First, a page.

Oxidisation and fermentation of tea - huh?

« back to blog home | Thu 09 Feb 2012

One of the most important aspects of tea making is a process called 'oxidisation' - some teas need it, and other teas are ruined by it. Here's a quick intro for you on one of tea's most misunderstood words...

What is oxidisation?

Oxidisation is the process of getting oxygen into the tea leaves. Simple.

Well, it's a little more complicated. For tea to release its flavours, the cells of the tea leaf need to start breaking down and changing, and this only happens when oxygen is introduced. Oxidisation actually starts happening as soon as the tea leaf is plucked from the tree, but the tea master must quickly control that process if he wants to produce a good quality tea.

For example, if tea leaves are plucked and then crushed, they will start oxidising immediately, but the flavour will escape through the broken leaves. If the leaves are left out too long in the sun, they'll oxidise, but they'll also start to turn yellow which most people find unattractive (yep, we're suckers for the luminous green leaves).

Isn't oxidisation the same as rusting?

Yes and no - it's just the name for when oxygen reacts with something else. Actually we most commonly see it when we cut an apple in two and 30 minutes later the flesh has turned brown.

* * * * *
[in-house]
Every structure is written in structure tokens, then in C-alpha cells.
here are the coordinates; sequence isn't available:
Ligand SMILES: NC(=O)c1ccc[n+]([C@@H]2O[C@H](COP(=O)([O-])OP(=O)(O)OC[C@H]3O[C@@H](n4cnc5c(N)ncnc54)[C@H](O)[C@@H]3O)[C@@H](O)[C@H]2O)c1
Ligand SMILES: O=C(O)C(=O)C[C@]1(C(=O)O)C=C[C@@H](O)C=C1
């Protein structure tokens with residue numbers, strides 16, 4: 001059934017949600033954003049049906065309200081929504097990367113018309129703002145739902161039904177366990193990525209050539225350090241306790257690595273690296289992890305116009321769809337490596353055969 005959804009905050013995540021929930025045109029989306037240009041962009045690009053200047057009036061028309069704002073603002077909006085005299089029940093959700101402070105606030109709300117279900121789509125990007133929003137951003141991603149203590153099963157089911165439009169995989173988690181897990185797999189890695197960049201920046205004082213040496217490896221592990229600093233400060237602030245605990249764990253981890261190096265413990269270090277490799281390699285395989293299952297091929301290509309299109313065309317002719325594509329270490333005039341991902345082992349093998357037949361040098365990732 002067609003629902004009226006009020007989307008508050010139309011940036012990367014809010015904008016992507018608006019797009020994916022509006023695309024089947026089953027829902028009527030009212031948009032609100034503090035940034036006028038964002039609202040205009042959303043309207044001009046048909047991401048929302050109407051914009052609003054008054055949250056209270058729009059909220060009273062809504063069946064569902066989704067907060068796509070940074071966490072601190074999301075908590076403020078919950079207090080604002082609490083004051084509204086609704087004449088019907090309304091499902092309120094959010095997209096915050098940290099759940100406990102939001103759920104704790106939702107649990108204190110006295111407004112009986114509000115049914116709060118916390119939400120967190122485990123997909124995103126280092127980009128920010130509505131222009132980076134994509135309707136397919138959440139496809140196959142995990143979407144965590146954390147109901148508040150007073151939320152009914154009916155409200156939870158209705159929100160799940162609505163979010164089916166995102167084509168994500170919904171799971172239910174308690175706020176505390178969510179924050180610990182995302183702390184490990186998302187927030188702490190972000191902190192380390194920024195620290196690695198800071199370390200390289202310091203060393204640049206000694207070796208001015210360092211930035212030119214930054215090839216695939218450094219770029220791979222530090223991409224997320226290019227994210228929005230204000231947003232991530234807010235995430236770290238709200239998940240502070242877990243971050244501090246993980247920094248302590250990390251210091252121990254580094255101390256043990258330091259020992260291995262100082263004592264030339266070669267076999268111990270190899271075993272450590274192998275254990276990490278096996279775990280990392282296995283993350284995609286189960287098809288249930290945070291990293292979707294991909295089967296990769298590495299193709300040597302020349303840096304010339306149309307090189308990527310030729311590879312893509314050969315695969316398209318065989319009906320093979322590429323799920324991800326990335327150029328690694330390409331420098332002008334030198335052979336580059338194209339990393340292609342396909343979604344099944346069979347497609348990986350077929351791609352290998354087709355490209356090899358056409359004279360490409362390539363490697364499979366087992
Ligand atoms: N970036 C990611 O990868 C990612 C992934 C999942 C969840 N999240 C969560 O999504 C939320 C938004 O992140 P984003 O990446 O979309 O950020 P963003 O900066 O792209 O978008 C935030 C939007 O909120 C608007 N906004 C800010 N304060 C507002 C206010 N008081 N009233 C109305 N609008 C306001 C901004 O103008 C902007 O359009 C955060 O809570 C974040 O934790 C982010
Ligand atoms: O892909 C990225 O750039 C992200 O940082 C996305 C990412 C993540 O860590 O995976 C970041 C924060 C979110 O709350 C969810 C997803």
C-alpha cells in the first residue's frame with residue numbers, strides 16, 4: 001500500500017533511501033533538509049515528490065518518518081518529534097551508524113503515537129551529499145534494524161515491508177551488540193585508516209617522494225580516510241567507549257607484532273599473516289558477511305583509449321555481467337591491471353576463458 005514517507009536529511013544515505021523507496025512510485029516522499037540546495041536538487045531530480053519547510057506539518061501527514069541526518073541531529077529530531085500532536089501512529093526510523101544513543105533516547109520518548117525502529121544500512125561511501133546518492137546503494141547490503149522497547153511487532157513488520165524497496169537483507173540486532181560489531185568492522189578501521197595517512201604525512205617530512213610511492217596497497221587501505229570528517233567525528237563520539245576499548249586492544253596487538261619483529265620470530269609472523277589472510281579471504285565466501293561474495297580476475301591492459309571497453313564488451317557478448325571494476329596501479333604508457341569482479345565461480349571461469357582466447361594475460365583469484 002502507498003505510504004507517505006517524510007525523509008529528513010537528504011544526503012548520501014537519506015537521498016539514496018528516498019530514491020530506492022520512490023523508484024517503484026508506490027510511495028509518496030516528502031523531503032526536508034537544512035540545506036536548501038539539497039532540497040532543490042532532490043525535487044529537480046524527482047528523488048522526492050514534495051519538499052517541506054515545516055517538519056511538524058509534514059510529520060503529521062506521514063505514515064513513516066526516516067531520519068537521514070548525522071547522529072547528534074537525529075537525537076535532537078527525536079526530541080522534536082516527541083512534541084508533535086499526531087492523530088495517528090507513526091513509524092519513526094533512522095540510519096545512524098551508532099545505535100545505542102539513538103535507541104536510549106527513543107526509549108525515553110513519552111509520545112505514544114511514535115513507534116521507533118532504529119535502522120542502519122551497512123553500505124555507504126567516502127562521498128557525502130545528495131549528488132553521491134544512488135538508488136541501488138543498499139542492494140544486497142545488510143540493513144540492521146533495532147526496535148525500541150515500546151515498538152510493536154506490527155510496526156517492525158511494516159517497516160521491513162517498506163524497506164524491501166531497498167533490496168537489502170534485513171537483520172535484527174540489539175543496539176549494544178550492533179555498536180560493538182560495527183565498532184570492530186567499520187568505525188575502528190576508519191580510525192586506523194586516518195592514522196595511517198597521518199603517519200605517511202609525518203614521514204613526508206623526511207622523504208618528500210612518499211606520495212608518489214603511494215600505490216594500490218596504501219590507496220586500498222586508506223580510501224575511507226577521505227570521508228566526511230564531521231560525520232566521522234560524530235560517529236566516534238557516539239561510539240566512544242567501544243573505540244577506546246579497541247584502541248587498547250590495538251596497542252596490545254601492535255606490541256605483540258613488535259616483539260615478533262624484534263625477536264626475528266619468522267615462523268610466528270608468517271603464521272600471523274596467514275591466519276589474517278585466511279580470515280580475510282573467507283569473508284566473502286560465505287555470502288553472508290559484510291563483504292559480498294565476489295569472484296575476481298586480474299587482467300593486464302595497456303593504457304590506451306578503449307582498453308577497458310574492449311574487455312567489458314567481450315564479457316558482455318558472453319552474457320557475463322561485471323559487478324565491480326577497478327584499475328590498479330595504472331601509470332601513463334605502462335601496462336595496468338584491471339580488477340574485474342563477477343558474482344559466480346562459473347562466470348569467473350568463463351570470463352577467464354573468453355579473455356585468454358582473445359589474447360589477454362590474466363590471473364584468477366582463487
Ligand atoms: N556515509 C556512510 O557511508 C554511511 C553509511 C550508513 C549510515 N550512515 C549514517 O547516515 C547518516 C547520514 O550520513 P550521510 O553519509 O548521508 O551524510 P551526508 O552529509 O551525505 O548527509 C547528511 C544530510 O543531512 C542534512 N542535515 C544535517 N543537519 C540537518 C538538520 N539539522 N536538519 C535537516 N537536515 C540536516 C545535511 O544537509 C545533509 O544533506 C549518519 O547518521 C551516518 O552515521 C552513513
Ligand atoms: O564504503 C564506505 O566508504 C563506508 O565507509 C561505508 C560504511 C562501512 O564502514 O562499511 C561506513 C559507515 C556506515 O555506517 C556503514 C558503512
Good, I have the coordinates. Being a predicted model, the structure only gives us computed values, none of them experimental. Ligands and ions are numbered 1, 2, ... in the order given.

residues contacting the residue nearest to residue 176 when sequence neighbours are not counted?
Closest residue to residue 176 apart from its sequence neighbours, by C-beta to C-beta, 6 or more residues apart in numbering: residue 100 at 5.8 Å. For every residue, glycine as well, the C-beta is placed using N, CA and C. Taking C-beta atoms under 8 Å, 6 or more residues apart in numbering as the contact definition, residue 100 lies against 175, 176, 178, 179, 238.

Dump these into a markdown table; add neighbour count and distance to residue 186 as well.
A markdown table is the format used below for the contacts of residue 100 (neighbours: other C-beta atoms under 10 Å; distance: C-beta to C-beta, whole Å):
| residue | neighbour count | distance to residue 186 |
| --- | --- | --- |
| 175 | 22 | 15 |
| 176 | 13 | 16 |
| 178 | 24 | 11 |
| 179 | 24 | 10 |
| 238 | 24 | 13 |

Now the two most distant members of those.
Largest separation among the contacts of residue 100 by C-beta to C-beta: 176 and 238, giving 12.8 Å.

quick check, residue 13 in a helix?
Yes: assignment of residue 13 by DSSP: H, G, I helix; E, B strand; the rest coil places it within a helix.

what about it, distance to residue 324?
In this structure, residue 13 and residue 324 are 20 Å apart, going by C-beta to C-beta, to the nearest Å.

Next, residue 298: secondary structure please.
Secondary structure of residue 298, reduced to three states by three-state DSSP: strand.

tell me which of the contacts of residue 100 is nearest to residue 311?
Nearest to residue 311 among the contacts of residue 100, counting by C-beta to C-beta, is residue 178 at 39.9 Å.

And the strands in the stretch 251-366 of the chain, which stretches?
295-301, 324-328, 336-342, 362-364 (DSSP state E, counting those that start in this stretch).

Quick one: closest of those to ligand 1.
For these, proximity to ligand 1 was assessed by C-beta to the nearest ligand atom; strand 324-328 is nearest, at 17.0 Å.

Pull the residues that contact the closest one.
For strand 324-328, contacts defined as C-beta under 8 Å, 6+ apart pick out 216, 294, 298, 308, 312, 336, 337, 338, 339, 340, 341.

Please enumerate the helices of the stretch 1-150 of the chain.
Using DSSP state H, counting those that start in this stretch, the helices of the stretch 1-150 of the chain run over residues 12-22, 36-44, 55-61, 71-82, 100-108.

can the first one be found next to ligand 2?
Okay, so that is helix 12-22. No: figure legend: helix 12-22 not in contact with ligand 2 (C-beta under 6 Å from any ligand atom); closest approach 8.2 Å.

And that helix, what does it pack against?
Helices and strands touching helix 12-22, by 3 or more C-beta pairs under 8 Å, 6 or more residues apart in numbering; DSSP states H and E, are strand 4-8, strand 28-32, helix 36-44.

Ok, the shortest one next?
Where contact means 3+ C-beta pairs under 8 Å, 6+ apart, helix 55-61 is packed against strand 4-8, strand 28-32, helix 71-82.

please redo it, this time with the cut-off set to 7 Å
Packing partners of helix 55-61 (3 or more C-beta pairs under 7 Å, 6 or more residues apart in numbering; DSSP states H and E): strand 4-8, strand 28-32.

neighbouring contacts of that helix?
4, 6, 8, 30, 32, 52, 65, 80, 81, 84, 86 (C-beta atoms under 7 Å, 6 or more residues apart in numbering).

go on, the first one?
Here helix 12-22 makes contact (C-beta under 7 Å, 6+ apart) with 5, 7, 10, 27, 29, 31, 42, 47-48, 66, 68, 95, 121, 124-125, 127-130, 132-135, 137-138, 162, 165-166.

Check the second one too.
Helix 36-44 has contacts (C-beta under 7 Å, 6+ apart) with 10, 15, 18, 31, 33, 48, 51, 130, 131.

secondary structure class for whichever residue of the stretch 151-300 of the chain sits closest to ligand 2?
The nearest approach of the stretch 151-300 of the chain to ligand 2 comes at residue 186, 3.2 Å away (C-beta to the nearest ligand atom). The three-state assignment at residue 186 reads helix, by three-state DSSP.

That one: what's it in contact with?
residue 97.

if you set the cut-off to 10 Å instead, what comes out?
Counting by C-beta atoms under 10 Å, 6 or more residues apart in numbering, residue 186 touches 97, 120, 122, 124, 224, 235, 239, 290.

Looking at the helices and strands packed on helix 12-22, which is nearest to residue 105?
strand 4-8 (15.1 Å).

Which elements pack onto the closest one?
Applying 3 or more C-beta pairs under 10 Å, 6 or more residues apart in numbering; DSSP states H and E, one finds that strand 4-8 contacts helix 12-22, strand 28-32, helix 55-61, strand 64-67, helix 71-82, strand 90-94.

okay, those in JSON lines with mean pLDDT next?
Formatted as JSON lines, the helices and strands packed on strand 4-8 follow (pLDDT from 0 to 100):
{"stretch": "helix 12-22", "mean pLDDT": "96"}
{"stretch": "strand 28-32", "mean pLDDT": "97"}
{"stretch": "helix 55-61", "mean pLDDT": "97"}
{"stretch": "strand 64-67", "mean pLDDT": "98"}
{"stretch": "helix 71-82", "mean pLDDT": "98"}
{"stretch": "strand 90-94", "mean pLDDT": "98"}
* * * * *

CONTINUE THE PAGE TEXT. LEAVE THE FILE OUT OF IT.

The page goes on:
Fermentation is not the same

Fermentation is a different process, and it's most commonly needed for Puer teas (and definitely not Oolong or green teas). It's very similar to decomposition, and it's the work of bacteria breaking down the tea leaves (rather than a chemical reaction with oxygen).

When tea farmers produce green teas, especially those produced in Fujian, they try to avoid fermentation by drying and/or roasting the tea as it will ruin the taste of those particular varieties.

How tea is oxidised

Tea is oxidised in a variety of ways - the method, the length of time, the temperature and the humidity all contribute to the final taste.

For example, tea is laid to dry in the sun, where oxidisation begins. Afterwards, it is often gently heated and bruised in large tumblers, or left to dry on bamboo racks. The air needs to be changed regularly, and the heat and humidity carefully maintained to ensure the right level of oxidisation occurs.

Clearer now?

Hopefully that helps explain in simple terms what oxidisation actually means in relation to tea - and remember if someone offers you a fermented oolong, refuse it!

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